Elizabethan Scribbles Are the Daily Pic by Blake Gopnik
The Daily Pic: Gutenberg replaced writing with print, but his clients were all about scribbling in books.
This image is of the margin of a book printed (in ancient Greek) in 1544, and then annotated within a decade or two by the English scholar and statesman Sir Thomas Smith. It was shown at a wonderful lecture given last night at the headquarters of Cabinet magazine in Brooklyn. Sina Najafi, Cabinet’s founder, got pioneering scholars William Sherman and Anthony Grafton to talk about how and when they’d come to realize that we were lacking a history of precisely how printed books first came to be used – and abused, especially, given all the scribbling that scholars did in their margins. Never again will I take reading for granted; Sherman and Grafton made clear that bookishness is a behavior worth looking into.
Sherman gave an especially lovely and lively account of the “manicule”, a little pointing hand that scholars drew, sometimes in time-wasting detail, to point from a book’s margin to a passage in the text that they cared about.
My own guess is that, once books began to be mechanically produced by a printer, the manual act of writing came to be the special sign and property of the scholar – the manicule hand thus standing, synechdochally (sorry, I’ve been among bookworms) for the wise and elevated and unmechanical reader who draws it. The manicule also points back, nostalgically, to a time in the middle ages when the scribe writing a text and the scholar annotating it might be the same person, or at very least were using the same biological equipment in producing and then using a book. Later, in a world where the hand of the scribe had been sidelined by the printer’s press, the manicule represents the return of the repressed.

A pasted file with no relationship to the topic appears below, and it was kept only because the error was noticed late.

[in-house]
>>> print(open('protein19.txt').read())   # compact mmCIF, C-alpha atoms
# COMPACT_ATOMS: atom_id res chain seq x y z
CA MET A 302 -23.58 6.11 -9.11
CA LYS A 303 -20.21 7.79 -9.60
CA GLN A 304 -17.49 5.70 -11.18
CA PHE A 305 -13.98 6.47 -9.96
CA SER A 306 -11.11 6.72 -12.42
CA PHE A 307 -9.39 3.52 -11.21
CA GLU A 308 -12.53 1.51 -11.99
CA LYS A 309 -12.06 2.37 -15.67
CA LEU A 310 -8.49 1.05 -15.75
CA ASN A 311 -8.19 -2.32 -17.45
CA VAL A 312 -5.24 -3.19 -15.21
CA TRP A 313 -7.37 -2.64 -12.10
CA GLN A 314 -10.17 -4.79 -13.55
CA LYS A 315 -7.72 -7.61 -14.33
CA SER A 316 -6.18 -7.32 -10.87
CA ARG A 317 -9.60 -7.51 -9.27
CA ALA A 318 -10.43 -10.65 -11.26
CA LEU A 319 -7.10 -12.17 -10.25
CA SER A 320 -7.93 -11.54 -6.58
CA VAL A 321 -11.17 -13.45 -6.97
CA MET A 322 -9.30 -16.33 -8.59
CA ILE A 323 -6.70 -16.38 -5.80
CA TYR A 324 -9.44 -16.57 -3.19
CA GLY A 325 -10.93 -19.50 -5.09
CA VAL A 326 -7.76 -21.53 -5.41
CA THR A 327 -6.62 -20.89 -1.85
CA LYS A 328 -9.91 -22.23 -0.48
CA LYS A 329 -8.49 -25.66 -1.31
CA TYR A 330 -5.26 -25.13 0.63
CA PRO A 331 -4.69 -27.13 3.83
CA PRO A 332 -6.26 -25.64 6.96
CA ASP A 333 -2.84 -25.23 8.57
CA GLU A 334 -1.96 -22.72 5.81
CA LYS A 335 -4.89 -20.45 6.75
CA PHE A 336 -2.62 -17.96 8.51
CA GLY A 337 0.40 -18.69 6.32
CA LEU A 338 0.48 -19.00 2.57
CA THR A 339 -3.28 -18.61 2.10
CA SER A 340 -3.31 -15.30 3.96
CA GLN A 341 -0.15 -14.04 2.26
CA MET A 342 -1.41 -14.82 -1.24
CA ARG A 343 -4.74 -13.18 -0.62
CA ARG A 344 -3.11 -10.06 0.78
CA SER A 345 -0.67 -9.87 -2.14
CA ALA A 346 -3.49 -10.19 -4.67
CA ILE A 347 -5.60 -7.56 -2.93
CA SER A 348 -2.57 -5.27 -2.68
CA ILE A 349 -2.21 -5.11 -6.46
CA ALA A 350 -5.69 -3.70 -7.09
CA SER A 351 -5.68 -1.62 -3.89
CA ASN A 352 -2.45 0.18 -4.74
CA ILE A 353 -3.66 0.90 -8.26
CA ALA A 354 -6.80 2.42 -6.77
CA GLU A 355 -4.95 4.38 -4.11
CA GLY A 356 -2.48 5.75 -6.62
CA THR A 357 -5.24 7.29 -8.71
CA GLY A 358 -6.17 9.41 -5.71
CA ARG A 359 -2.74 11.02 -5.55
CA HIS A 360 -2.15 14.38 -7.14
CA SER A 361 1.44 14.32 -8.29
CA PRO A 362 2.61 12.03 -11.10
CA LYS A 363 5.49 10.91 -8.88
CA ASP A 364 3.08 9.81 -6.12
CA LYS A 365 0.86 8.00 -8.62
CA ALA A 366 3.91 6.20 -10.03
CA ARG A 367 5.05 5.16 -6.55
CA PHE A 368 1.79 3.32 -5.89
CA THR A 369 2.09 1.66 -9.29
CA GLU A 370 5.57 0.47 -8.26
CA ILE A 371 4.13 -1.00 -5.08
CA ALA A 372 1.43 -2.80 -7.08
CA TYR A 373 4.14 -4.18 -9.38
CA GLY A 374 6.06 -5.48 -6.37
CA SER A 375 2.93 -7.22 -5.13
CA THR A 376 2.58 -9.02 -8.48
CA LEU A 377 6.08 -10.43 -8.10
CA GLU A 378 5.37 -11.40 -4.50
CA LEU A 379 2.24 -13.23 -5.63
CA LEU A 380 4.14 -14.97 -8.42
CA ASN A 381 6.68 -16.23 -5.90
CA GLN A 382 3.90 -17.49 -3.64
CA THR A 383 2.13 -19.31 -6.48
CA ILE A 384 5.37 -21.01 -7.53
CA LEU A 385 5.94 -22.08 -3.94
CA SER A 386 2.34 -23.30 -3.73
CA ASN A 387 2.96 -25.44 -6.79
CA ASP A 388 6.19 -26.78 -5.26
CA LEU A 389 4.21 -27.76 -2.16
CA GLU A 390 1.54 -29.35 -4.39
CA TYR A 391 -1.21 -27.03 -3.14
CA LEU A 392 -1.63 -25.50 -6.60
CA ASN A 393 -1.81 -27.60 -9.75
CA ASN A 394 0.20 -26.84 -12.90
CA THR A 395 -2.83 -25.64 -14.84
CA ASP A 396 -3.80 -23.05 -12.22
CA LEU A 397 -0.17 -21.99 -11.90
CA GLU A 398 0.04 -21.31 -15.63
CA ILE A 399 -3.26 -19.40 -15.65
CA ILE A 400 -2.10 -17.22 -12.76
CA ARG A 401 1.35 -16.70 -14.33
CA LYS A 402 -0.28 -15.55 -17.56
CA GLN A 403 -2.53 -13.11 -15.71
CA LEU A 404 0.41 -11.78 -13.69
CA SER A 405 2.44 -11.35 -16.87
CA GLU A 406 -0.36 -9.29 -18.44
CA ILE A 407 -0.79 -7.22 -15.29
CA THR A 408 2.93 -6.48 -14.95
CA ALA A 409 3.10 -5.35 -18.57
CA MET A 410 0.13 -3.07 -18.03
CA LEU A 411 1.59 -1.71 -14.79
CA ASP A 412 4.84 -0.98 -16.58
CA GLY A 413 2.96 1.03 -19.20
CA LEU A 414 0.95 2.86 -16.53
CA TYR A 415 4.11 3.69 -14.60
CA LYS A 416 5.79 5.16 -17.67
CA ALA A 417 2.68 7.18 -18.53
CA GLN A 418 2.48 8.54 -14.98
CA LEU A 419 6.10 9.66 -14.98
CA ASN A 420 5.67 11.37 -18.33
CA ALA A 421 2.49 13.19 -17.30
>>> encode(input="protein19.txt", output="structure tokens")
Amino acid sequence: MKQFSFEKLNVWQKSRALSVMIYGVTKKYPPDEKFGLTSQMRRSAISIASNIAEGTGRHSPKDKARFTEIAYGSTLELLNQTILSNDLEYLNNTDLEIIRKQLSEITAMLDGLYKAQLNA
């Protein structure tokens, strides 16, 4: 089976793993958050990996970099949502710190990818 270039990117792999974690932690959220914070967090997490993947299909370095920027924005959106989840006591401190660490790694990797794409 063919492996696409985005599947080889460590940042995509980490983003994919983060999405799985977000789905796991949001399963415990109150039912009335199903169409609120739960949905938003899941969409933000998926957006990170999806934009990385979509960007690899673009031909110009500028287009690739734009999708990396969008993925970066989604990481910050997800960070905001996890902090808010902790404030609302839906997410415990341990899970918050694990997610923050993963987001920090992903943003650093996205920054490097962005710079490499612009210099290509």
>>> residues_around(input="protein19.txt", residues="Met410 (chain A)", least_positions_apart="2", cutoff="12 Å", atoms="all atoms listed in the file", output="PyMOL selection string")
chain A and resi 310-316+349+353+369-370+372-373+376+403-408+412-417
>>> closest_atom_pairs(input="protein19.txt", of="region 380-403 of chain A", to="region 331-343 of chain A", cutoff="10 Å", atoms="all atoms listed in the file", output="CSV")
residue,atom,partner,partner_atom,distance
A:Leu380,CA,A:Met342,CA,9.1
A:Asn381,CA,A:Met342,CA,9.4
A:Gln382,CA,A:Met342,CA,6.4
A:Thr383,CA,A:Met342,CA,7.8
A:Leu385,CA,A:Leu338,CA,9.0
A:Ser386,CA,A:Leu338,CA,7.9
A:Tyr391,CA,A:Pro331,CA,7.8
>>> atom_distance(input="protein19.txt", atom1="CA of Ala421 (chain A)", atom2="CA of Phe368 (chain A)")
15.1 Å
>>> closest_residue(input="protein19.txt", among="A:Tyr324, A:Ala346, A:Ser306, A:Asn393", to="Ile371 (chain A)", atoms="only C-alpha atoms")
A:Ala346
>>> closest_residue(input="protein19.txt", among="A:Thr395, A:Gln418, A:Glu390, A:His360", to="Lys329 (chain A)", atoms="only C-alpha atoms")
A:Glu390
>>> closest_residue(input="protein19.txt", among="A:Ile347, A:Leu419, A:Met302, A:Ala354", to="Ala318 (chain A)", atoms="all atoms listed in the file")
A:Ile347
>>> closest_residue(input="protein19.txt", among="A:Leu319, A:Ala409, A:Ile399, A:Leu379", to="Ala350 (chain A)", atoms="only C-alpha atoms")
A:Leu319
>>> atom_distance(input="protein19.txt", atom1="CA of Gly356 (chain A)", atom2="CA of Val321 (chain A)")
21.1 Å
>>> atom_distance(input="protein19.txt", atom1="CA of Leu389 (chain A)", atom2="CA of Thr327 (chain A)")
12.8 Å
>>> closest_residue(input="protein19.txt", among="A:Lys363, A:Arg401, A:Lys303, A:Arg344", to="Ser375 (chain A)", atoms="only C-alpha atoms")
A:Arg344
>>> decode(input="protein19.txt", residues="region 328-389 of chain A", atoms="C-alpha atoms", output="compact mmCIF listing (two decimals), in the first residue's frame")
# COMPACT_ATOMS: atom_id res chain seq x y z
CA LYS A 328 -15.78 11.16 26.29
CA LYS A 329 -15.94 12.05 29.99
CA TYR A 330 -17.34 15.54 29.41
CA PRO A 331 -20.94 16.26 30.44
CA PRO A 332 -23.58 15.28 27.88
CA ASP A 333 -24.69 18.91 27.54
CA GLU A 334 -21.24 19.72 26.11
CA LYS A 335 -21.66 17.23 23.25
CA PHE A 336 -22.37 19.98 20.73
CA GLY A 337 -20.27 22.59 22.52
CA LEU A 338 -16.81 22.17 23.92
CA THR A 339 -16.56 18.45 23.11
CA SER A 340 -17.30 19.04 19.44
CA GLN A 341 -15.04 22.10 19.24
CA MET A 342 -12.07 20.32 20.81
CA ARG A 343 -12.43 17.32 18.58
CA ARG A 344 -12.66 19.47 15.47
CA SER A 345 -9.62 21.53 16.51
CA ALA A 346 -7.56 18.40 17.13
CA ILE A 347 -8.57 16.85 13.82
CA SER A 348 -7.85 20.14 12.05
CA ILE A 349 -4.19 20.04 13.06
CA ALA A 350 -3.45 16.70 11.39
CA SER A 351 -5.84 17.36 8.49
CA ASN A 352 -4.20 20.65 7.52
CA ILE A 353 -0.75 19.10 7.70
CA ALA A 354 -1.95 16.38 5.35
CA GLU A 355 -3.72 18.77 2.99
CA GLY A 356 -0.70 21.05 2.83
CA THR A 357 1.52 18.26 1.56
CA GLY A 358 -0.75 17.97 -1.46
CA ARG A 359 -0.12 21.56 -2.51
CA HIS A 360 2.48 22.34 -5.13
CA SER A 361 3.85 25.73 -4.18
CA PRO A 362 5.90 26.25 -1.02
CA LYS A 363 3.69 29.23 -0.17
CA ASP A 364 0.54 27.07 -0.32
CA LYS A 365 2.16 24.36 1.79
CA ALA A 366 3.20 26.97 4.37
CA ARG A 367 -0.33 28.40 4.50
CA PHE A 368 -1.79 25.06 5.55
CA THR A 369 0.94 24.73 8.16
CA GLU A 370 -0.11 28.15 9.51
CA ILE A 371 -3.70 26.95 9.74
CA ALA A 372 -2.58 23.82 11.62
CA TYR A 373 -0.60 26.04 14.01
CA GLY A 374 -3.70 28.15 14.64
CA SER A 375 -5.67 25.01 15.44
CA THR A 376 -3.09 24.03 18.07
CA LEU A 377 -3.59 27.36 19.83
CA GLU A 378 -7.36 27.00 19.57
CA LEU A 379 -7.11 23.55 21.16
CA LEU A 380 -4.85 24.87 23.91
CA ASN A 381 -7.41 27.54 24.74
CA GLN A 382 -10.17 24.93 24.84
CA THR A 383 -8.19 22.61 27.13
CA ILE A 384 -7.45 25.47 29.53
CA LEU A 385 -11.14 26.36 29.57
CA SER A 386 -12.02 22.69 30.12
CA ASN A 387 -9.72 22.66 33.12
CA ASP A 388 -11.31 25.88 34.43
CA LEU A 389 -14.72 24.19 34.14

The peculiar manicule in today’s Daily Pic makes all this even clearer. The hand isn’t shown simply pointing; it is shown in the act of writing or drawing, as though it were depicting itself as it annotates – you could say that it’s a manicule that talks about, or points to, or even represents, the culture of manicularism! (Today, Grafton told me that Smith himself never dripped ink when he used a pen, so his manicule’s blots are there just to make what it’s doing seem inkier, more clearly messy and manual.)
Even that isn’t the end of the matter, given the passage that’s being maniculed: the text is Flavius Josephus’s first-century “Jewish Antiquities”, and Smith’s drawn (and drawing) hand is drawing (sorry) our attention to the lines that describe Belshazzar’s famous and blashphemous feast, and especially the moment when the Hand of God appears and (literally) puts the Writing on the Wall. (Although – and it took Sherman to point this out to me – no one at Belshazzar’s meal can decipher it.) As Smith reads this mechanically printed page, pen at the ready, his hand draws the image of a writing hand to point to a text about the divine effect of writing.
As Freud might have said, if he’d had Smith on the couch: I think now we are getting somewhere …
(And tomorrow, a Daily Pic that's less like a tome.)
For a full visual survey of past Daily Pics visit blakegopnik.com/archive.